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Golden Shiners

Golden Shiner
(Notemigonus chrysoleucas)

wild shiner


Common name – Golden Shiner

Description – A golden hue with reddish fins is typical of this species that has a small soft-rayed dorsal fin and like other shiners has a lateral line (the series of sensory holes along the side of a fish) that dips downward.

Range – Widely distributed along the east coast of North America from Canada south and throughout Florida and as far west as the Dakotas.

Habitat – Typical of vegetated ponds and lakes, also found in slack waters of rivers.

Spawning Habits – Shiners lay their sticky eggs primarily on vegetative substrates.  In hatcheries mats are laid out to collect the eggs.  Breeders are over one year old and typically 3-8 inches long.  Males are significantly smaller than females at the same age.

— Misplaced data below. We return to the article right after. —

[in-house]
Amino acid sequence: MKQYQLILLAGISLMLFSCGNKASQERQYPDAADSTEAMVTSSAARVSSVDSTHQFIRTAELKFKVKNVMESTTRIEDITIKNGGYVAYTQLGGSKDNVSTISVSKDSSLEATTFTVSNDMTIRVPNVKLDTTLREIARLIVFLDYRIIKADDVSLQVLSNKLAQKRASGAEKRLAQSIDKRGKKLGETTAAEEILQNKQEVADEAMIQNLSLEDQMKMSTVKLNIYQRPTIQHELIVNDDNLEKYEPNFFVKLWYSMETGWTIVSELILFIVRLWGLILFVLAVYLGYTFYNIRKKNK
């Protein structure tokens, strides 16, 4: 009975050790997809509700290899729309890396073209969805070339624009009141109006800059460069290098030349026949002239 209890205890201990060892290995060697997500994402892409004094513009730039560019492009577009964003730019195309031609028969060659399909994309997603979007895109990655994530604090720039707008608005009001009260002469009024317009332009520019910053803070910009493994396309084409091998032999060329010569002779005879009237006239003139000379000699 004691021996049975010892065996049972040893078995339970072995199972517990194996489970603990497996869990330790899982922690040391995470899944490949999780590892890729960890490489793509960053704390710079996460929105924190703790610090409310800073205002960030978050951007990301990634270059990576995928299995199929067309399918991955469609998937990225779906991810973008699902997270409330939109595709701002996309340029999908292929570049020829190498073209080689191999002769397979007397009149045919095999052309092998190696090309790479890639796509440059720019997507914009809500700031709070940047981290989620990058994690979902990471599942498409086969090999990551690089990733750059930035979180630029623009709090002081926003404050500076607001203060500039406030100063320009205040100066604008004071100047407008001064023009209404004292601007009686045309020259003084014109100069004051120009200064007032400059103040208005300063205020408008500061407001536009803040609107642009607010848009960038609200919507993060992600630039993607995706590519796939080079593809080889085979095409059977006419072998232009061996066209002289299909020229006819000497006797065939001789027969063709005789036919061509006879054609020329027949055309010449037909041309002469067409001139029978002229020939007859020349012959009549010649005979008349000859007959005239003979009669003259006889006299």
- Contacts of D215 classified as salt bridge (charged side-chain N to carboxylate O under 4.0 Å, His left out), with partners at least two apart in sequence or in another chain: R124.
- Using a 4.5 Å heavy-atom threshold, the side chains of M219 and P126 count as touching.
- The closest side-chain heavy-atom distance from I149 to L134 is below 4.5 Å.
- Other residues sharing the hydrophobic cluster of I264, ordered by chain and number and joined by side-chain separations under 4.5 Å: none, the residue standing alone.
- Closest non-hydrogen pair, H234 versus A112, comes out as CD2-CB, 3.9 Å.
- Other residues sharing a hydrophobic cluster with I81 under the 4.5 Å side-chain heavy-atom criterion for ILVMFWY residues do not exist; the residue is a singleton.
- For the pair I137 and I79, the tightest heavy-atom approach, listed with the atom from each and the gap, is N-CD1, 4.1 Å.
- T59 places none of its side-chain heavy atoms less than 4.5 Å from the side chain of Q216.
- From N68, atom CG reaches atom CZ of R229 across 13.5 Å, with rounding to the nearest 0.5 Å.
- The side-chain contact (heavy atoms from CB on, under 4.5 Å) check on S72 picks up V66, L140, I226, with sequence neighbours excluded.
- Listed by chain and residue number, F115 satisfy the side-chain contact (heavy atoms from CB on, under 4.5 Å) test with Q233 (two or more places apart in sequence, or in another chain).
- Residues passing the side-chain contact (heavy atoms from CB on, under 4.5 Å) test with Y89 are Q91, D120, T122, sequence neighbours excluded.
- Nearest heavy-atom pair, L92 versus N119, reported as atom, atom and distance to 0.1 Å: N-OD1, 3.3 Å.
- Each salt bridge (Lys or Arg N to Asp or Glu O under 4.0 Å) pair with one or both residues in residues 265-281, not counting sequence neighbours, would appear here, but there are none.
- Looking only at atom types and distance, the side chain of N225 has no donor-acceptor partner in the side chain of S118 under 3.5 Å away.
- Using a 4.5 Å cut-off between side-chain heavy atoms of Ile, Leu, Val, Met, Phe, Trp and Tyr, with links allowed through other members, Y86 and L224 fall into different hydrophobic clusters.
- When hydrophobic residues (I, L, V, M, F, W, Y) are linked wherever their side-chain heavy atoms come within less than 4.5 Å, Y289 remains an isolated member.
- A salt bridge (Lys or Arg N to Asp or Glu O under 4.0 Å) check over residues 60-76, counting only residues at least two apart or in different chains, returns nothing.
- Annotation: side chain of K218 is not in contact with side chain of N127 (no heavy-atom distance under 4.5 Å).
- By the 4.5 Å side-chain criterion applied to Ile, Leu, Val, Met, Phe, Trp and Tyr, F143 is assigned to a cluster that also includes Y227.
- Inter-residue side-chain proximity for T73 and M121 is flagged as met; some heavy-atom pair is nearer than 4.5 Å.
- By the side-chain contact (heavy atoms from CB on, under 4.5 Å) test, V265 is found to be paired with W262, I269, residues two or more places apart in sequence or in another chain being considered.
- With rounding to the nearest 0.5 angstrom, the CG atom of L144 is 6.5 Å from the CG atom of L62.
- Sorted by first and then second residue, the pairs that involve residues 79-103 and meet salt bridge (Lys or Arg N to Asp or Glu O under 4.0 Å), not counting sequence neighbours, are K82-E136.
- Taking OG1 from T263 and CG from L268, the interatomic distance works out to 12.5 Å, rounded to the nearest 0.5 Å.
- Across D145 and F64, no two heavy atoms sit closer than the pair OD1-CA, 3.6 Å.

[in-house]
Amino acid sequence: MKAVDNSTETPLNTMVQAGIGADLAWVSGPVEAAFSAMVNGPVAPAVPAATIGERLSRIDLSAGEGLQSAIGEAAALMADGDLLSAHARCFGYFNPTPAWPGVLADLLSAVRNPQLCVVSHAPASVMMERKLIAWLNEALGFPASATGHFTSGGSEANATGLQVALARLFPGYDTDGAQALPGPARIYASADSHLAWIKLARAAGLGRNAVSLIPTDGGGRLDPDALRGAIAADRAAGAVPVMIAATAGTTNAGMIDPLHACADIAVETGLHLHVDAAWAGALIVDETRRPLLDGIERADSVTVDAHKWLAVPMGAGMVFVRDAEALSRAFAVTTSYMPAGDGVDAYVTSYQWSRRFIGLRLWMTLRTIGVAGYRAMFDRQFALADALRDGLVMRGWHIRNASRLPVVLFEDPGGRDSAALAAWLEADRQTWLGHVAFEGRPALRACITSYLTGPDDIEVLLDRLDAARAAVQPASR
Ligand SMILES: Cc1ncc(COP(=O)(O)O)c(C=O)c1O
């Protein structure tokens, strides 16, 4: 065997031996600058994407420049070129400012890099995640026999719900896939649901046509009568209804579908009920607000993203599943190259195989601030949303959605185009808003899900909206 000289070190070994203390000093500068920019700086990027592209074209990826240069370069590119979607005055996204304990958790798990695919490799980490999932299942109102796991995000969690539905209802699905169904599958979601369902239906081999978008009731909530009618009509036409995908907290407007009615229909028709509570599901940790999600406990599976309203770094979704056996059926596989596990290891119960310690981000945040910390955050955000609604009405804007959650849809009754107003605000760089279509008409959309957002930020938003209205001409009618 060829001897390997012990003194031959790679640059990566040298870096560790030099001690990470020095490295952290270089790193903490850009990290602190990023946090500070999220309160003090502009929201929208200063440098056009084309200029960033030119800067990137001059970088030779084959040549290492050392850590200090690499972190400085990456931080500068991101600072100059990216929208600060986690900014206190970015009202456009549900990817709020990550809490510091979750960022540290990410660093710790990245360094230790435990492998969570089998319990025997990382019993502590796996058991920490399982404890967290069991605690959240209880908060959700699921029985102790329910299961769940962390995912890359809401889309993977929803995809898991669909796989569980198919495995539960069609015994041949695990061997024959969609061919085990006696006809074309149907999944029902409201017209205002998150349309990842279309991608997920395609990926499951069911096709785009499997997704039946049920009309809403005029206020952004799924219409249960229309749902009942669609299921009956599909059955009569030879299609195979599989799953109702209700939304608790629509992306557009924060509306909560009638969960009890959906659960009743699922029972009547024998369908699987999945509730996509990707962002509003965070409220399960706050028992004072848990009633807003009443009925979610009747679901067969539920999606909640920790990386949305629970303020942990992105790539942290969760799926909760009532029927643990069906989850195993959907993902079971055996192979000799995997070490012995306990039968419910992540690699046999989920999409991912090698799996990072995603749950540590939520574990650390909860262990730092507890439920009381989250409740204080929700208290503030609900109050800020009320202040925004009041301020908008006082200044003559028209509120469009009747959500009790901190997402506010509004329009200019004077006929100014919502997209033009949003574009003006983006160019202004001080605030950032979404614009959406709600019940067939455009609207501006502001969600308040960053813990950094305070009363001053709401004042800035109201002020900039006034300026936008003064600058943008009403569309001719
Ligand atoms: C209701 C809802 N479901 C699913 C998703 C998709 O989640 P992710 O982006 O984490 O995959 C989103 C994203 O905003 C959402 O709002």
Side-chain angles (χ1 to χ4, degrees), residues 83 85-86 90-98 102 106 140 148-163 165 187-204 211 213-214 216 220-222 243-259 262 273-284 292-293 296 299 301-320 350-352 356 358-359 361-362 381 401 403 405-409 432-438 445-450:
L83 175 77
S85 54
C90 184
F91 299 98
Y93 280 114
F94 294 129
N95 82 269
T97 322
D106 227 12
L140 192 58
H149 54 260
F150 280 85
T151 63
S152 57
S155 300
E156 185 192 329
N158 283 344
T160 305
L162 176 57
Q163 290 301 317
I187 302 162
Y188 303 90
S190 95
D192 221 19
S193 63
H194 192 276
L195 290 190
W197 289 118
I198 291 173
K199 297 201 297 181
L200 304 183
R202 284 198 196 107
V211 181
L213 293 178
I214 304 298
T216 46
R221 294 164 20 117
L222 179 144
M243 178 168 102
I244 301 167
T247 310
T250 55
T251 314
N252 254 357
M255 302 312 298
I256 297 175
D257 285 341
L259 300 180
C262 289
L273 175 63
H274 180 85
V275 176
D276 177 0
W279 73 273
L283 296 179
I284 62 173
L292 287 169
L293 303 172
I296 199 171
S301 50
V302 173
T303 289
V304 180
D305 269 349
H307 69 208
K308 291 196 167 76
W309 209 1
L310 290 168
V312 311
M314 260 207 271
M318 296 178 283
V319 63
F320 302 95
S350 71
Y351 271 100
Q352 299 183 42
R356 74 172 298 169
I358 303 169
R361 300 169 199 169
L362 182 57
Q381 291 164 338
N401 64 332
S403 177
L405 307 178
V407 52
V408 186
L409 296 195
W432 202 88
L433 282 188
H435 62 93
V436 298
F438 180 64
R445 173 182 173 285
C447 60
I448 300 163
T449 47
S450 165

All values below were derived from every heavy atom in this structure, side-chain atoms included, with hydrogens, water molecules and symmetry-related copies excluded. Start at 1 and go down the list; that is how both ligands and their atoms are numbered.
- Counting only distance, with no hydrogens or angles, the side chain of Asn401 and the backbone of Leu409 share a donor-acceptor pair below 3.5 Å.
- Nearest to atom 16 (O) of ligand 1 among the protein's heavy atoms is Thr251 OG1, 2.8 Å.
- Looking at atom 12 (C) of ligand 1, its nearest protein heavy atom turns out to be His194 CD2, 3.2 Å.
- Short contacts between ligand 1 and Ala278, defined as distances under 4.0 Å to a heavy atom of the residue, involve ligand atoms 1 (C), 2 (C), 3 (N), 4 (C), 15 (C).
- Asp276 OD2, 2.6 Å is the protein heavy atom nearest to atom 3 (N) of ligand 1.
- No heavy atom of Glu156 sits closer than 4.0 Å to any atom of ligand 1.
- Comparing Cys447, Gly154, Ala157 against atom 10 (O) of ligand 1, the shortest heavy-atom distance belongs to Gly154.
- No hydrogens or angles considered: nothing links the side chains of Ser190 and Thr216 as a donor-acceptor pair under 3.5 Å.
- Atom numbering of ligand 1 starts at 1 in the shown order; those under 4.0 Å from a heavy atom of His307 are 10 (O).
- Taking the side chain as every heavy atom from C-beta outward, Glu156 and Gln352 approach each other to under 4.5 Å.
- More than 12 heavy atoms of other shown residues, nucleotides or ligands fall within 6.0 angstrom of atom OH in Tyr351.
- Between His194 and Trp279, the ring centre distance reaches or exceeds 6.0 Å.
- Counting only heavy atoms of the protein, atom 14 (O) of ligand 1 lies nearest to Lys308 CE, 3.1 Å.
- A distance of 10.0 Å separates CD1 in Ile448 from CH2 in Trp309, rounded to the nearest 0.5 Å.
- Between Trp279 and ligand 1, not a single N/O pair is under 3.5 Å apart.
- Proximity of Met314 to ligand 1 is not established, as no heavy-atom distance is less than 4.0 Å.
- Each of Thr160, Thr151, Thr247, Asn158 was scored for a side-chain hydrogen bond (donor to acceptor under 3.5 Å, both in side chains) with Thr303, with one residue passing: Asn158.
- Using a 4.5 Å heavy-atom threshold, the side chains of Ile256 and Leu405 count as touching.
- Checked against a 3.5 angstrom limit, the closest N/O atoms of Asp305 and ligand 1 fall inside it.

Feeding habits – Shiners consume small insects, tiny mollusks, small fishes and perhaps algae.

Age and Growth – They live up to about 5 years and reach a maximum size of nearly one foot.

Sporting Qualities – Golden shiners are one of the most popular baits used by anglers seeking trophy bass.  However, their small delicate scales dislodge easily and they require careful handling. 

Eating Qualities – N/A

State Record – N/A

Information courtesy of MyFWC

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